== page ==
Researchers have taken inspiration from natural materials such as bone and mother-of-pearl to create a new layered composite that is both extremely flexible and tear-resistant. The material can be used in objects ranging from sneakers to circuit boards, they said.
A team from Penn State University created the layered 2D material using biomimetic proteins patterned on squid ring teeth, which are the circular appendages on the tentacles of squid that are used to grasp prey. The materials use a combination of a hard material—in this case, a transition metal carbide, nitride, or carbonitride such as graphene or a MXene—separated by layers of something to glue the layers together.
“Inspired by natural composites, we studied assembly of atomistically thin inorganic sheets with genetically engineered polymeric proteins to achieve mechanically compliant and ultra-tough materials,” researchers explained in an abstract for a paper published in the journal Proceedings of the National Academy of Sciences. “Although bare inorganic nanosheets are brittle, we designed flexible composites with proteins, which are insensitive to flaws due to critical structural length scale (∼2 nm).”
Composite Interface Makes a Difference
While large chunks of graphene or MXenes have bulk properties, the strength of 2D composites comes from interfacial properties, researchers said. However, traditional continuum does not explain why the materials not only are strong but also flexible as well, noted Melik Demirel, a chair in biomimetic materials and director of the Center for Advanced Fiber Technologies at Penn State.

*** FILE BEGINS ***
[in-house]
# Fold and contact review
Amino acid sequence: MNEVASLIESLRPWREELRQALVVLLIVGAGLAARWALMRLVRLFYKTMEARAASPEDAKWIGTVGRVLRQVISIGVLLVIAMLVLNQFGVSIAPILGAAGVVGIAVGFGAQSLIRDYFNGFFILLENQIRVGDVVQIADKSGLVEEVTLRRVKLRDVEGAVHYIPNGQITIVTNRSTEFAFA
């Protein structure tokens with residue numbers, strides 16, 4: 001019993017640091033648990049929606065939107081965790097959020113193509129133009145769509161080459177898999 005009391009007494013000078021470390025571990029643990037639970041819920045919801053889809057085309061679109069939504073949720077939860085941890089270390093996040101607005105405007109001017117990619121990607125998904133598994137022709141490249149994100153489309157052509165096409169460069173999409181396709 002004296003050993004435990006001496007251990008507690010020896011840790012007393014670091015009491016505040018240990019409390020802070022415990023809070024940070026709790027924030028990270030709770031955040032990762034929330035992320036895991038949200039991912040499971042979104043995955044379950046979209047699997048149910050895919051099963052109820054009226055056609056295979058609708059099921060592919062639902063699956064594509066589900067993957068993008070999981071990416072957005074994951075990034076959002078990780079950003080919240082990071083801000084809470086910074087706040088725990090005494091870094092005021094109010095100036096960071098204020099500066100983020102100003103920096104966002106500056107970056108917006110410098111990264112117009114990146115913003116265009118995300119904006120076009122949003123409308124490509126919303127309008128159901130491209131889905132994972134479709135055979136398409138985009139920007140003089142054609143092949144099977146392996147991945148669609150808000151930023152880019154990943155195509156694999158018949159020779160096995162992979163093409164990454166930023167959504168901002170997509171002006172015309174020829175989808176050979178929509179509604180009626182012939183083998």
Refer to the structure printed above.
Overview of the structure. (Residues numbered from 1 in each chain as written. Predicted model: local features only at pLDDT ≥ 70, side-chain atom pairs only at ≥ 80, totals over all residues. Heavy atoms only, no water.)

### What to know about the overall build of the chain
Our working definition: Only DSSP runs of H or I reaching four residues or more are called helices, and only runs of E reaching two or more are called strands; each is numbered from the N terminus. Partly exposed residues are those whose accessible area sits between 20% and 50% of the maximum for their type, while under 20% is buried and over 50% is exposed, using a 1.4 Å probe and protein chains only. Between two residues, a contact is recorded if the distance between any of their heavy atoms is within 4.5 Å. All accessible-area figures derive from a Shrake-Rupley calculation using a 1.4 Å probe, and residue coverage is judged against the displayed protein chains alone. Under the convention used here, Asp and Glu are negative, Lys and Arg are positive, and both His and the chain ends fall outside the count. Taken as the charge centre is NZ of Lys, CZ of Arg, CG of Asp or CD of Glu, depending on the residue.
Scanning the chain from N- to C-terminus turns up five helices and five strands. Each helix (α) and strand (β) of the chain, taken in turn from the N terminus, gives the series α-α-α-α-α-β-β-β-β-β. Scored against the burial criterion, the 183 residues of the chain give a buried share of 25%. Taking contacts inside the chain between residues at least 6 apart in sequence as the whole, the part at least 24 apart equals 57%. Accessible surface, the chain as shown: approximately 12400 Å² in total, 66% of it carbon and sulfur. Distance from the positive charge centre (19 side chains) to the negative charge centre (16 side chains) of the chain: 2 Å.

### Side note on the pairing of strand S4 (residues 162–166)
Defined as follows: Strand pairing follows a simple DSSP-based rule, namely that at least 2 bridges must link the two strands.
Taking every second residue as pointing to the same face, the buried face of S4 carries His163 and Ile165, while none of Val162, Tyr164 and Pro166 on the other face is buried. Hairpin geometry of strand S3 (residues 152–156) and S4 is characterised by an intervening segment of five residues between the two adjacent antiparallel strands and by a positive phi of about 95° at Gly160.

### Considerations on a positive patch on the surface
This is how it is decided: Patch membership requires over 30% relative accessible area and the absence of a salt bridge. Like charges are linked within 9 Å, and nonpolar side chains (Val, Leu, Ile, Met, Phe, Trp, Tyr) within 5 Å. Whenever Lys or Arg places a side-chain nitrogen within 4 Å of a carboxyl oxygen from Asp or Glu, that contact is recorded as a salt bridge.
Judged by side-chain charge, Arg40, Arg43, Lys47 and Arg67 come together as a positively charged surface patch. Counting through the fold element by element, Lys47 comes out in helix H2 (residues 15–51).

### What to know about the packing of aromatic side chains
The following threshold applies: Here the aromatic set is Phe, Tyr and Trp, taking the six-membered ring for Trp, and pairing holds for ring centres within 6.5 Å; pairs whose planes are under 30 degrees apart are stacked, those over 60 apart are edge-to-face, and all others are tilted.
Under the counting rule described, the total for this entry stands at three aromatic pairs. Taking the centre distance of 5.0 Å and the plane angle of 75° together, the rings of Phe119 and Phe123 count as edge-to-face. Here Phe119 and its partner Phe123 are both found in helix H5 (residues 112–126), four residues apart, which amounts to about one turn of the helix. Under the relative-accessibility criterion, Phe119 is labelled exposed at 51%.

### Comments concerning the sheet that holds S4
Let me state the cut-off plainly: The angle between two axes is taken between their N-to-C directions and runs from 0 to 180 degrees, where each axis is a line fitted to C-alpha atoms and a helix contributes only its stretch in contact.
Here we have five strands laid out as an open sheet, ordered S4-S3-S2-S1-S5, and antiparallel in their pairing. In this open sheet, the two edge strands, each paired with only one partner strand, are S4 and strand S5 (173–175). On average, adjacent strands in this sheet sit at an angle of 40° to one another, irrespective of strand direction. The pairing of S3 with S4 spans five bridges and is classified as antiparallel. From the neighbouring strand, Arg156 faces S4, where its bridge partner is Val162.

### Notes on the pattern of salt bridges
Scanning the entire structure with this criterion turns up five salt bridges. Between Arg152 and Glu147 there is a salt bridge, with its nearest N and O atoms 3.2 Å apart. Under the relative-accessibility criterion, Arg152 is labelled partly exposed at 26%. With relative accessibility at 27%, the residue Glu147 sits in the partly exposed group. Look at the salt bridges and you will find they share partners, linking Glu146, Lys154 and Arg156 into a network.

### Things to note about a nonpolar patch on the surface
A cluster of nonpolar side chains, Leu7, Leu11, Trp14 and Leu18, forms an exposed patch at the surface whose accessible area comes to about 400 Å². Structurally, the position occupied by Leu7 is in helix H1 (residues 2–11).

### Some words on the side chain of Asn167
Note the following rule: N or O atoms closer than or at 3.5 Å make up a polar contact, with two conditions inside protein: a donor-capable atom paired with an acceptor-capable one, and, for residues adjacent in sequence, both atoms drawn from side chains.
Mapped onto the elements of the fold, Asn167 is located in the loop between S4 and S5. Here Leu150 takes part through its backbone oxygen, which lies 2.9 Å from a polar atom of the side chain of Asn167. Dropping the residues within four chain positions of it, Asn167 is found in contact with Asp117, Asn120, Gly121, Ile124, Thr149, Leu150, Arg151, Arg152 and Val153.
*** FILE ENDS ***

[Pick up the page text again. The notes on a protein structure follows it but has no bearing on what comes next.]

Simulations of the material conducted by Demirel and his team suggest that the interface plays a key role, he said. The interface—containing a higher percent of the material composition—breaks in places when the material is under stress, while the material as a whole does not, researchers found.
“The interface breaks, but the material doesn’t,” Demirel explained. “We expected them to become compliant, but all of a sudden it is not only compliant, but super stretchy.”
Moreover, the interfacial material used by the team can be modified by repeating sequences, so the properties of the material can be fine-tuned, he said.”We can make it very flexible and very strong at the same time,” Demirel said.
Researchers published a paper on their work in the journal Proceedings of the National Academy of Sciences.
The team discovered that the materials can also have unique thermal conduction properties that spread heat in one direction more strongly than at 90 degrees, they reported. This makes the material well-suited for the insoles for running shoes, Demirel said.
“It could cool the foot and the repeated flexing would not break the insole,” he said.
Other applications of the material include flexible circuit boards, wearable devices, and other equipment that requires strength and flexibility, researchers said.